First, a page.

Most Americans are dissatisfied or angry about the way things are going in Washington these days. Eight in 10 say Congress is more interested in serving the needs of special interest groups rather than the people they represent.
But only a third of people feel the same way about President Obama. Nearly 60 percent think he is more interested in serving the American people. CBS News correspondent Nancy Cordes has more.
CBS News and the New York Times polled 1,000 Americans - blue collar and business owners, from Idaho to New York - and found deep pessimism about the economy and Washington's attempts to fix it.
Just 15 percent of those polled approve of the job Congress is doing. That's close to an all time low.
Only 29 percent think the GOP is trying to work with the president, while 62 percent think Mr. Obama is reaching across the aisle.
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"If Democrats and Republicans aren't going to find the middle of the road then maybe we need a third party," said New Yorker Leni Wolfenson.
His frustration helps explain why nearly 20 percent of those surveyed now consider themselves members of the Tea Party movement.
Who are they?
According to the poll:
-95 percent are white
-They are as likely as Americans overall to have college educations and make over $50,000 a year.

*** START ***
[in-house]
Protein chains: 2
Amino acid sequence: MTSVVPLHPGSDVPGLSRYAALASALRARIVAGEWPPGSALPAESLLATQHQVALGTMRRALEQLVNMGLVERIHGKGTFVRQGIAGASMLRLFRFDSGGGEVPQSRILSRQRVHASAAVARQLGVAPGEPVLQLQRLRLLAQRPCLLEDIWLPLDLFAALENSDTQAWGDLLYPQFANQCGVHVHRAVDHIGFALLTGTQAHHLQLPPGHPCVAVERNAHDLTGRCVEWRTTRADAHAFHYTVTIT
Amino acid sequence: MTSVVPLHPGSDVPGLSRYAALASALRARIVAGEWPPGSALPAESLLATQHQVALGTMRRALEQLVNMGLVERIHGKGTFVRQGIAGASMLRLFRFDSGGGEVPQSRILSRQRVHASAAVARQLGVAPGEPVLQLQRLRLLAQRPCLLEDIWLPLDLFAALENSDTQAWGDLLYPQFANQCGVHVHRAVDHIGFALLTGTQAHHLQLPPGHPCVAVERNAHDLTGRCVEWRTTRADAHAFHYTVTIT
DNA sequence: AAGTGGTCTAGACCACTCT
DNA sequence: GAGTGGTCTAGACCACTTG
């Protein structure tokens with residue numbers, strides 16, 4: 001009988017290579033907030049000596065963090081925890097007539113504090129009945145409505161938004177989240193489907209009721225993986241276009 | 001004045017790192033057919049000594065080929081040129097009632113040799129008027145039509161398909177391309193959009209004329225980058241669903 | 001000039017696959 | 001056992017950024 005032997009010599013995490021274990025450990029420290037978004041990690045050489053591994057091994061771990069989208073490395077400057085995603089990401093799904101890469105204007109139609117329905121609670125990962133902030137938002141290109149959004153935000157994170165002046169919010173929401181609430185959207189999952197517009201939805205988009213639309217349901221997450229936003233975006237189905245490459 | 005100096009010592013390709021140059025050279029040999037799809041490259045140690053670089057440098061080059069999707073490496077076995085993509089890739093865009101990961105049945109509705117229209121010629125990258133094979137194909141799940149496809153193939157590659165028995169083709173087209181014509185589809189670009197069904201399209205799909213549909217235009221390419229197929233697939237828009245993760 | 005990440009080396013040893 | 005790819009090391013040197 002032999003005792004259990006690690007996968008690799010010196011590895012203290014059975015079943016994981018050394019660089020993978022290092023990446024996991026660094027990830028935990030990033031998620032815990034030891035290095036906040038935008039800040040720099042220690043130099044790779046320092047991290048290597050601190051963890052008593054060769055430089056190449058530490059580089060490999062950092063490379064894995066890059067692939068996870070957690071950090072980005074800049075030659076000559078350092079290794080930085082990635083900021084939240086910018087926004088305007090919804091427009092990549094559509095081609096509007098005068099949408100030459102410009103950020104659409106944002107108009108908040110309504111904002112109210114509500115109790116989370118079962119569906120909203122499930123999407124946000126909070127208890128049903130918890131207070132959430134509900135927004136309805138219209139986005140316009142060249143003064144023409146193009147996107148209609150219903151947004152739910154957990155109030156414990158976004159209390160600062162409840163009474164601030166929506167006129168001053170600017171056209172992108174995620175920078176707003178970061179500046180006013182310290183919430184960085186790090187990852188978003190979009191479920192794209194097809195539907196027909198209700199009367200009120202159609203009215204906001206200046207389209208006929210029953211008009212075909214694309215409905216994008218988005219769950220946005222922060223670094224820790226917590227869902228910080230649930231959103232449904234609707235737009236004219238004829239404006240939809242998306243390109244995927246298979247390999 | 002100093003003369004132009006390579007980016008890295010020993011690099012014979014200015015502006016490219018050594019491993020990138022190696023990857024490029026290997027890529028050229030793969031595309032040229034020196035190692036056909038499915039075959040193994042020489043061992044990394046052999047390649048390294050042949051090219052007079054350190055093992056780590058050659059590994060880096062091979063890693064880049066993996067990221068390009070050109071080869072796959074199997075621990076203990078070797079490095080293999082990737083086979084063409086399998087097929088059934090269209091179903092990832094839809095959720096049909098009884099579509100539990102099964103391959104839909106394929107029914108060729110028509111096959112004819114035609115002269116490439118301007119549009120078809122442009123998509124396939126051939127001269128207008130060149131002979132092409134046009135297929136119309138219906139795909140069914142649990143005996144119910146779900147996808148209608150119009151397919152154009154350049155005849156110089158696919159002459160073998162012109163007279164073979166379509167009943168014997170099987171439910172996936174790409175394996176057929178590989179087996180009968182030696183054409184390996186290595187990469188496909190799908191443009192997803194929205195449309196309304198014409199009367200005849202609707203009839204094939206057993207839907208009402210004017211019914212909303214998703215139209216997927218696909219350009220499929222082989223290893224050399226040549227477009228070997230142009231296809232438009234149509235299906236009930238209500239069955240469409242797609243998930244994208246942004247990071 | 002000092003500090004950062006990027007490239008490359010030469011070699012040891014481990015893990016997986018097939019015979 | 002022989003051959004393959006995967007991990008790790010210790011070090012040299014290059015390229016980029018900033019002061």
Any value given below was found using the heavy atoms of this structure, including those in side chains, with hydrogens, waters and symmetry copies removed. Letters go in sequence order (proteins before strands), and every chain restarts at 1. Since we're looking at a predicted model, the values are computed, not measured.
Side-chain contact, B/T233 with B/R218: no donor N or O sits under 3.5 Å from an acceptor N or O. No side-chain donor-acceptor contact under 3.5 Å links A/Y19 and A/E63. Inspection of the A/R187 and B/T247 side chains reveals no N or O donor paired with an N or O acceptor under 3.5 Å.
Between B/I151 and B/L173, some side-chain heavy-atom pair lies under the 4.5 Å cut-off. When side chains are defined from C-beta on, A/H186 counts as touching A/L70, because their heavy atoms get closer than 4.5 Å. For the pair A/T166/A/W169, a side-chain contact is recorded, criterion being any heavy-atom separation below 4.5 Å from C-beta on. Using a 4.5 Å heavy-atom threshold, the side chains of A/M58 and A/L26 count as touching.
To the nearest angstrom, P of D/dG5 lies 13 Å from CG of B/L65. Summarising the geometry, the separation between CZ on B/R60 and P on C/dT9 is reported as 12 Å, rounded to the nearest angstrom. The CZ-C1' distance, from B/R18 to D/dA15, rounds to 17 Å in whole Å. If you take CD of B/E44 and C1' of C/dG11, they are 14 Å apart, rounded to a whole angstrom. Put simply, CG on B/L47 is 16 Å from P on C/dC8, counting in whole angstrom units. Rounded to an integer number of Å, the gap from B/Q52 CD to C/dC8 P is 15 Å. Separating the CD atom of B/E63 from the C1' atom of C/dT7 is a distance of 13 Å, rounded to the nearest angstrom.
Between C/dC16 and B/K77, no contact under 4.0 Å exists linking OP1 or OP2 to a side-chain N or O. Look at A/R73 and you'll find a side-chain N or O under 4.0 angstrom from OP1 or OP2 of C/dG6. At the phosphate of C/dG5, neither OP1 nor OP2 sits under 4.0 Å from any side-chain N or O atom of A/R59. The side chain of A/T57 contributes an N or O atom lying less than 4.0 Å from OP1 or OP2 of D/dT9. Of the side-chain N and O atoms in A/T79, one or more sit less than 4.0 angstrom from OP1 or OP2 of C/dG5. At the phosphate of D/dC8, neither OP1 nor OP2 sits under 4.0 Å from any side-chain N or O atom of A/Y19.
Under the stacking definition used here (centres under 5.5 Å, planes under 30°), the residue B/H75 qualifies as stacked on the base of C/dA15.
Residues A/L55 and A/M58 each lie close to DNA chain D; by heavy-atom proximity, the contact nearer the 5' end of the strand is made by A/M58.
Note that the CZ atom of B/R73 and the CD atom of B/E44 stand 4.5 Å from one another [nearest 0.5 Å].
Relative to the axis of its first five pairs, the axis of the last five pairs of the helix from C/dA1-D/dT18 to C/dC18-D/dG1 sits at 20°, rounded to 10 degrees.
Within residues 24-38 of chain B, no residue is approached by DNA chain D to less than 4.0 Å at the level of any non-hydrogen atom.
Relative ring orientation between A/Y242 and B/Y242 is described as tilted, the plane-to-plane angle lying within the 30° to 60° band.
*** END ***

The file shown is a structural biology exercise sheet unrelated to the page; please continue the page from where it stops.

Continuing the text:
-And, like Kuna, Idaho Coffee shop owner Jared Hatch, they are more likely to identify themselves as Republicans than Independents or Democrats
"The tea party movement is, it's something the country actually needs," Hatch said. "Iit's showing that people out there are voicing what they want."
But for more than half the country, the Tea Party phenomenon remains a relative mystery. Peole interviewed by CBS News said they either didn't know what it was or that they only had a vague association with Sarah Palin or angry protesters.
Still, the Tea Party mentality is spreading. Fifty-six percent of everyone polled said they'd prefer a smaller government, providing fewer services. That's the highest percentage in more than a decade.
And a majority of Americans believe the U.S. cannot afford to fix health care right now - up from 42 percent in September.
"I don't feel like it's the government's responsibility to bail out certain segments of the population," said Boise, Idaho resident Stephen Gamboa.
Only a tenth of Americans blame the president for the poor economy, but they also don't have much faith that he can fix it. Just 47 percent think the economy will be any better by the time his term is up.